One of the things was to, to make the Chinese and the North Koreans tired. We knew where they were roughly and just banging away at guns, at specific distances, caused them not to sleep. And that made a difference. Sometimes we were the mother ship for small units, small boats. They would come and join us and then we would guide them out in the dark. And then when they got near where we wanted them, we would tell them to standby and we would light up the sky with star shell [type of flare to provide night-time illumination] and they were right very close to the Chinese trying to wade across from island to island when the tide was out. So they had a 40-millimetre gun and as soon as our star shell set off, they could see them, so they would shoot them up. That happened about four times and we always put an officer onboard that had radio contact in English.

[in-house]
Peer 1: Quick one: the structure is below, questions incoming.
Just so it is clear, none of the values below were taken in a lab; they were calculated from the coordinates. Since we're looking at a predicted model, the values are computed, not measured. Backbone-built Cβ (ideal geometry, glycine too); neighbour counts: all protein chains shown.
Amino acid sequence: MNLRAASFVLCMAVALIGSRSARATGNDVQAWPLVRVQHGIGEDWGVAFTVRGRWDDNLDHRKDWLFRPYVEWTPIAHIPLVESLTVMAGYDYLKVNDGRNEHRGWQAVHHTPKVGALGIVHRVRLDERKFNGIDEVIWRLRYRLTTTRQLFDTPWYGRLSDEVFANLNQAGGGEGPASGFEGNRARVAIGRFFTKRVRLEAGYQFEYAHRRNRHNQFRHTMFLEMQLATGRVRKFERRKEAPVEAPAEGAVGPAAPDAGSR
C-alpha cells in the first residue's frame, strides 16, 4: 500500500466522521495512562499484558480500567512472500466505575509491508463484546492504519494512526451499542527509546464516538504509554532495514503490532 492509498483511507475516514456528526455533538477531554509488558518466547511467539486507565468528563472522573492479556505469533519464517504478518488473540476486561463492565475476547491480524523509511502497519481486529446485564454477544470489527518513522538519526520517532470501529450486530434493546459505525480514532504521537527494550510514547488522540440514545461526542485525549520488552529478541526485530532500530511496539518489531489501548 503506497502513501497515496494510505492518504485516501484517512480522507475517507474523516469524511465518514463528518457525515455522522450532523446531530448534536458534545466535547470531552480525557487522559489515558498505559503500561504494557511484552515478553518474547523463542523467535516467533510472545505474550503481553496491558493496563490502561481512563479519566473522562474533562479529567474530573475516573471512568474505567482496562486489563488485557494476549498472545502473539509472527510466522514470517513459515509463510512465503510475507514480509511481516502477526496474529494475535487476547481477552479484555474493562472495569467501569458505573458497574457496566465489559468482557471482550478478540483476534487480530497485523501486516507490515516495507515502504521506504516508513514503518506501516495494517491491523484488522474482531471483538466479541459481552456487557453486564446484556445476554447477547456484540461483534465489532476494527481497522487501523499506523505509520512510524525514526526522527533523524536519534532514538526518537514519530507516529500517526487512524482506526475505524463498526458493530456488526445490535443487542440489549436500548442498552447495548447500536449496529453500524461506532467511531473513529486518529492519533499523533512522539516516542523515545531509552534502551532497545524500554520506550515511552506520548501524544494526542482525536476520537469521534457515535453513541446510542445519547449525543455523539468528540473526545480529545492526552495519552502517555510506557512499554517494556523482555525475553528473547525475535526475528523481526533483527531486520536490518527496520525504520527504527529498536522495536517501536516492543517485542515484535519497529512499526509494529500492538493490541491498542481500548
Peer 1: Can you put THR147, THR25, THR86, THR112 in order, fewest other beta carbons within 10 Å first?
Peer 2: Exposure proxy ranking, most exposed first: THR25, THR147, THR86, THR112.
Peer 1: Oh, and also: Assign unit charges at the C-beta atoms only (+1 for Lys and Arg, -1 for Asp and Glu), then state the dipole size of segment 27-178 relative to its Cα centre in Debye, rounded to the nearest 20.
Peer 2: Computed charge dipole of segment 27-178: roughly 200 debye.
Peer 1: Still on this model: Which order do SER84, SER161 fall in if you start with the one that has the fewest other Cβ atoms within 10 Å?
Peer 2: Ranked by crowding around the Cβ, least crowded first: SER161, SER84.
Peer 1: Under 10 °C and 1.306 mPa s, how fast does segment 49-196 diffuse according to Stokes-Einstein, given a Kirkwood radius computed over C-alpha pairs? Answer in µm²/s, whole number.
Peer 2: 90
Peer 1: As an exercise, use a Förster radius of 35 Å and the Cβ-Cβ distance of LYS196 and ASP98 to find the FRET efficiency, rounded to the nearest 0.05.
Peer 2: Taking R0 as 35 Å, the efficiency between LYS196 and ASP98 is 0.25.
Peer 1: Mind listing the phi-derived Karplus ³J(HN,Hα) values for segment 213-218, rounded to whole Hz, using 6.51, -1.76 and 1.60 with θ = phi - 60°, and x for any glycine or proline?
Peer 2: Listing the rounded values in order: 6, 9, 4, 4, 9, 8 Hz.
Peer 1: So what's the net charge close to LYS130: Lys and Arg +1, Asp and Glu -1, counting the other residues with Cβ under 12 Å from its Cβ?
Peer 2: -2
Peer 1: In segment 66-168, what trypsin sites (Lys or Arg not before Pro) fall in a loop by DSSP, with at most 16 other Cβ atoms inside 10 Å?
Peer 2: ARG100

In the course of our duties there, we got a typhoon warning and as it happened, we had just got in from one of our patrols, while we were shooting up people, and it was up to the Commanding Officers [of warships] whether they wished to leave Sasebo harbour and get out in the open waters, or stay there. But one thing was it, that was a big Japanese naval base, where battleships and carriers and you know, big, big - and berthing buoys were extremely heavy duty and would hold anything, even in a typhoon.